2 comments about "Addressing The Black Hole of Sponsorships ".
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  1. Liam Weseloh, January 19, 2010 at 4:02 p.m.

    I couldn't agree more. Gone are the days when a sponsor buys a sign and calls it a day. Sponsorships are getting more and more complex, but people are forgetting about the importance of actually tracking what their partnership brings them in return. ROI may be the new buzz word, but not enough companies truly understand what that concept really means and, more importantly, how to track it.

    Front Row Marketing Services specializes in Sponsorship Analysis (and Sponsorship and Premium Seating sales). We track exposure gained through broadcasts, highlight shows, online, on-site, social networking sites, promotions, media buys, radio, hospitality, and anything else you can think of.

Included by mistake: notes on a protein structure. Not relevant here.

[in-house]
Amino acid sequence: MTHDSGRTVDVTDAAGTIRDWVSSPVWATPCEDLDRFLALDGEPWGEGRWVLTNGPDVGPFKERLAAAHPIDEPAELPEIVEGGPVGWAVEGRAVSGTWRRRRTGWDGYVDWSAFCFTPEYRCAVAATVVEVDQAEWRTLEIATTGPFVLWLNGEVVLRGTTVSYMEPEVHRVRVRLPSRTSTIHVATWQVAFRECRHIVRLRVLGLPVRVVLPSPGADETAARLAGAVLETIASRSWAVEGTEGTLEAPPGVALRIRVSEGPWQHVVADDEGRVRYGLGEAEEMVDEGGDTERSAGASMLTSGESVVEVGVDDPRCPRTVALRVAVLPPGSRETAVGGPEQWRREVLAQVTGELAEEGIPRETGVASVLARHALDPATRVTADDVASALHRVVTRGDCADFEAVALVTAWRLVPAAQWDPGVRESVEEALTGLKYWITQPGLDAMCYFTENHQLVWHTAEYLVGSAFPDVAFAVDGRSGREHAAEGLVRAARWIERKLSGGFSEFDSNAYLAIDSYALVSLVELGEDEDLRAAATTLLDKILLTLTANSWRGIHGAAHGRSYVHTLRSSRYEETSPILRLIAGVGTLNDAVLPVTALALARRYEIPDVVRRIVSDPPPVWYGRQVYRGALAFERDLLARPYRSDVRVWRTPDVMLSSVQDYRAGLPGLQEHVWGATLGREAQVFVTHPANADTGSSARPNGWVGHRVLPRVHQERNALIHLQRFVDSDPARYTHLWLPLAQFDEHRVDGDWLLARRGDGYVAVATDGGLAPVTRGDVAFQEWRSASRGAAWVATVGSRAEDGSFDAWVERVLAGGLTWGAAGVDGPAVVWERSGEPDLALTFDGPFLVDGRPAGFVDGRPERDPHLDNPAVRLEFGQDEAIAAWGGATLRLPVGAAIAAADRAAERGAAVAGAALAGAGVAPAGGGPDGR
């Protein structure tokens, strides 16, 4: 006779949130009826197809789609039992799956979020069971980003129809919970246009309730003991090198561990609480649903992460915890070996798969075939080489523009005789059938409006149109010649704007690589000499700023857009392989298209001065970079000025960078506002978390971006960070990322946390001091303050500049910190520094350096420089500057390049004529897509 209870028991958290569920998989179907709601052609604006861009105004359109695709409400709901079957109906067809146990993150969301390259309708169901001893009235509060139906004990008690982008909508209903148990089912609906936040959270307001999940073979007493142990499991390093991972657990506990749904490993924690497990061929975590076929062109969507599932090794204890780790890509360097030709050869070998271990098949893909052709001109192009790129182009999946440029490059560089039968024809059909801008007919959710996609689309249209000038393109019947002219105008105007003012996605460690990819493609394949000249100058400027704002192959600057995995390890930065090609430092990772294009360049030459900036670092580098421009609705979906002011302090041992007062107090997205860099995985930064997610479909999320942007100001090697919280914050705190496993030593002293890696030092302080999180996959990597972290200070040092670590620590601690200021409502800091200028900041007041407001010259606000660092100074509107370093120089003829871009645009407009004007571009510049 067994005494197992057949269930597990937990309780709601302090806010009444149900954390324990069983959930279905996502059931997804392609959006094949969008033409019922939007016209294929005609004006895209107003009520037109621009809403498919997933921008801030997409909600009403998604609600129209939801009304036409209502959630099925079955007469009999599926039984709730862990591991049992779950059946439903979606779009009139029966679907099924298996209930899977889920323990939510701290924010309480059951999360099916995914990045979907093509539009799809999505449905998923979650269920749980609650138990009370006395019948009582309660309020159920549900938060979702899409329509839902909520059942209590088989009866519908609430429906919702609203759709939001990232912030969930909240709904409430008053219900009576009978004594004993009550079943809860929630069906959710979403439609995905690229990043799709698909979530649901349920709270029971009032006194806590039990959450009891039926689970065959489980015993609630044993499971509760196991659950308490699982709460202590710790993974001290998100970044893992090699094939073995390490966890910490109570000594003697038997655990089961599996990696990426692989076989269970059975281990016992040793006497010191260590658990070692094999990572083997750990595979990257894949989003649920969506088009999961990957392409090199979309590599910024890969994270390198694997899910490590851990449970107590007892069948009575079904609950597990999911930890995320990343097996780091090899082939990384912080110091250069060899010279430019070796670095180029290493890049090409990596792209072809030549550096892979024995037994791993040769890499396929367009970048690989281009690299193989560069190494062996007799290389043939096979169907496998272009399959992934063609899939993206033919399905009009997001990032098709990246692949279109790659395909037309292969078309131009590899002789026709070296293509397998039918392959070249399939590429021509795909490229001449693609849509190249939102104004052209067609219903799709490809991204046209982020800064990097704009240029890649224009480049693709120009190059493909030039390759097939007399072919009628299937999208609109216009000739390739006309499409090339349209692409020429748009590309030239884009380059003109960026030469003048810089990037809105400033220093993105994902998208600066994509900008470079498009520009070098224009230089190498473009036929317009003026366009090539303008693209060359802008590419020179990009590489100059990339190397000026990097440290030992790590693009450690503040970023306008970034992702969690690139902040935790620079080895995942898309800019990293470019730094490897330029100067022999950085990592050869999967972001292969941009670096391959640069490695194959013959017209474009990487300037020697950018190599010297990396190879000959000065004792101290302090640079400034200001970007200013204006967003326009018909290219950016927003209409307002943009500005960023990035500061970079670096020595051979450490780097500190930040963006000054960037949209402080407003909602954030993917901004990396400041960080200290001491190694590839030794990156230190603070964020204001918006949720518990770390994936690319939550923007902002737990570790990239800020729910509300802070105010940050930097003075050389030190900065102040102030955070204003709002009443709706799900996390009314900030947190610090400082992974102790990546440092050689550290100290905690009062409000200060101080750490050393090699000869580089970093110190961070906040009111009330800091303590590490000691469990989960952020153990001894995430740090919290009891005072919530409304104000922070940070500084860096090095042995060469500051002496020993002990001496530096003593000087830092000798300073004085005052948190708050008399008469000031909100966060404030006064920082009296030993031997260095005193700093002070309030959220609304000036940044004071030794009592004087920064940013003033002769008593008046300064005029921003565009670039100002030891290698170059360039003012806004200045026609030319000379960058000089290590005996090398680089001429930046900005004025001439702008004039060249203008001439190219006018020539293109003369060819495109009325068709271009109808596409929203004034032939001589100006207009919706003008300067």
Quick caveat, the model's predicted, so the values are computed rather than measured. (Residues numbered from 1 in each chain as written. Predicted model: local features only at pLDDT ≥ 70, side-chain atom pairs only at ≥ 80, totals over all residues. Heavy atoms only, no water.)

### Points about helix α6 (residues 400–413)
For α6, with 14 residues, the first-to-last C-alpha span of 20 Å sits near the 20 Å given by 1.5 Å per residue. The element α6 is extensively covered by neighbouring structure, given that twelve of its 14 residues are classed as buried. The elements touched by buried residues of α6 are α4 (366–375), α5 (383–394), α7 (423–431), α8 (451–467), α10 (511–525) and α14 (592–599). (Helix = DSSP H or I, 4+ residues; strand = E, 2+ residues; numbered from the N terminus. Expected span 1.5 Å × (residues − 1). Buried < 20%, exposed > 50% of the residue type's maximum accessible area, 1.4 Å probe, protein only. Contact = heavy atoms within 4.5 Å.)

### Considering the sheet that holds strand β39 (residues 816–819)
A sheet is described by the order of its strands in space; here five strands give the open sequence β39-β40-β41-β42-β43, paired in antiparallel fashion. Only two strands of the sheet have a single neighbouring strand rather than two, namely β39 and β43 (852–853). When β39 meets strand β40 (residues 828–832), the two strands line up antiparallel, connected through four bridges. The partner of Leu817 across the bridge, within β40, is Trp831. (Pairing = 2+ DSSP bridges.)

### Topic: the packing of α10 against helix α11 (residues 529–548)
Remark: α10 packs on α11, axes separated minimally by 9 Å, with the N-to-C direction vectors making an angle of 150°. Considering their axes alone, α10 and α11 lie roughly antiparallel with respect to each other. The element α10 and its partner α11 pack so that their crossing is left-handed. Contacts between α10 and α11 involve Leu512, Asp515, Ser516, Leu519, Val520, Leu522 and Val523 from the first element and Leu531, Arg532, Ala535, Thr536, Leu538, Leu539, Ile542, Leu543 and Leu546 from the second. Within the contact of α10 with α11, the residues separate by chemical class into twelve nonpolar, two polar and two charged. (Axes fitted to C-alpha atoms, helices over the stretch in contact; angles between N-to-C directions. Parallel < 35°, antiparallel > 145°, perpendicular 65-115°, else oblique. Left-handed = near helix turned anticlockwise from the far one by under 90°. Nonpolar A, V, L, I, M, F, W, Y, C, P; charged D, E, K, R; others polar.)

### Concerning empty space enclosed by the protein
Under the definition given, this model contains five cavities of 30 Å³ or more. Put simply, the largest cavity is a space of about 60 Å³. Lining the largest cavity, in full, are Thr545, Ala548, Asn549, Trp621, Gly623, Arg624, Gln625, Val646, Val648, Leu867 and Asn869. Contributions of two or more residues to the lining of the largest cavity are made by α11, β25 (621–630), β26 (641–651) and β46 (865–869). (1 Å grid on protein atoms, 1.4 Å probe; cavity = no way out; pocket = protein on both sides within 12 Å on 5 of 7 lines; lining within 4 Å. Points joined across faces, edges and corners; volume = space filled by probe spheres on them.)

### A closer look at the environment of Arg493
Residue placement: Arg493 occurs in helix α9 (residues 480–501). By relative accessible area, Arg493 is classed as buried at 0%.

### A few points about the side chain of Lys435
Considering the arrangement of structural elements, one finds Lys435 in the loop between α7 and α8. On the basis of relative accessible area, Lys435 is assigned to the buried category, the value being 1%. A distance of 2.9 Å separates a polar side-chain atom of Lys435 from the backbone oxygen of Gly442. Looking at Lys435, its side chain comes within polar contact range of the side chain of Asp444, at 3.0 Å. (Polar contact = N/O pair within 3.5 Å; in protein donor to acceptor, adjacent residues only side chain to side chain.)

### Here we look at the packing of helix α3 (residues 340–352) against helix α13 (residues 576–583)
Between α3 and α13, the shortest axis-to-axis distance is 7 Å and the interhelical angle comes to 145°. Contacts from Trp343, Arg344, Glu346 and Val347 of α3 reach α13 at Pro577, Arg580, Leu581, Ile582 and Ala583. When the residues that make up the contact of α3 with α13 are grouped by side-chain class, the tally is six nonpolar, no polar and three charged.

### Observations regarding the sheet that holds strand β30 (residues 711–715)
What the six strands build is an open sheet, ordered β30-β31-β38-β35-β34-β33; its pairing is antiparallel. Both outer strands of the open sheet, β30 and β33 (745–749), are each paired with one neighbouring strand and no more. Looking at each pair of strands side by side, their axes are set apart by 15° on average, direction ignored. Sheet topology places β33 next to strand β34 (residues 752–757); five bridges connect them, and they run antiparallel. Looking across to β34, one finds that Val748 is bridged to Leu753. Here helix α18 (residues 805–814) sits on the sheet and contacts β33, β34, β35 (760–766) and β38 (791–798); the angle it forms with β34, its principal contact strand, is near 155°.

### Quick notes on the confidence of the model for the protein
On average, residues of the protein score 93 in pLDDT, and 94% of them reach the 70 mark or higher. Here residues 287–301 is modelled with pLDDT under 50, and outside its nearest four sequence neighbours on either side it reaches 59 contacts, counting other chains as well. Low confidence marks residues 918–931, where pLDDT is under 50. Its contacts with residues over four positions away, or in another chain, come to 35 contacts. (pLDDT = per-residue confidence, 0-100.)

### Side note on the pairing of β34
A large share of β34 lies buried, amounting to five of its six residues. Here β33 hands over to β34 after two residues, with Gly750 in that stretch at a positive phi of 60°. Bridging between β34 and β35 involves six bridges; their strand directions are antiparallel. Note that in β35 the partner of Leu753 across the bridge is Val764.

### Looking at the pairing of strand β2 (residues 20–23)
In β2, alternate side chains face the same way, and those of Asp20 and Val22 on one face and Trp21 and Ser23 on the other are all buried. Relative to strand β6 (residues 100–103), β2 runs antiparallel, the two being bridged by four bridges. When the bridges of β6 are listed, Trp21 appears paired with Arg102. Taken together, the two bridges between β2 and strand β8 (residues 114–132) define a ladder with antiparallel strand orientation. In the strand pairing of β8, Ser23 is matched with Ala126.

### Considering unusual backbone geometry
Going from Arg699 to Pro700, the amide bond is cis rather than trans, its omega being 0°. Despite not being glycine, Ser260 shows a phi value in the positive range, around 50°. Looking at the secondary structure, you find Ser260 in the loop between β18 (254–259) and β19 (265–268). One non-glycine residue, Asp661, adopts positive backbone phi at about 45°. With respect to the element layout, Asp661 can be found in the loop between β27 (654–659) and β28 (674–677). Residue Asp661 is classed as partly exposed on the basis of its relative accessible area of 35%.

I'd be happy to answer any questions you might have. Or feel free to check out our website -


  2. Carolyn Suh from Marketing Consultant, January 25, 2010 at 8:38 p.m.

    I believe there are key factors affecting the potential "black hole" of sponsorship that this article fails to mention:

    1) The financial investment to acquire a sponsorship need not be carried solely by marketing budgets. For larger-scale sponsorship commitments/initiatives within an organization, efforts should be made to distribute rights fees across the enterprise. If a sponsorship is truly a strategic "fit" for a company - there should be support and utility for the property beyond a centralized marketing organization.

    2) Sponsorships often fall victim to the black hole due to a simple lack of resources. Significant corporate spending to expand sponsorship portfolios should always be evaluated and balanced against the appropriate resource allocation that will be required to effectively manage and direct these assets.

    Carolyn Suh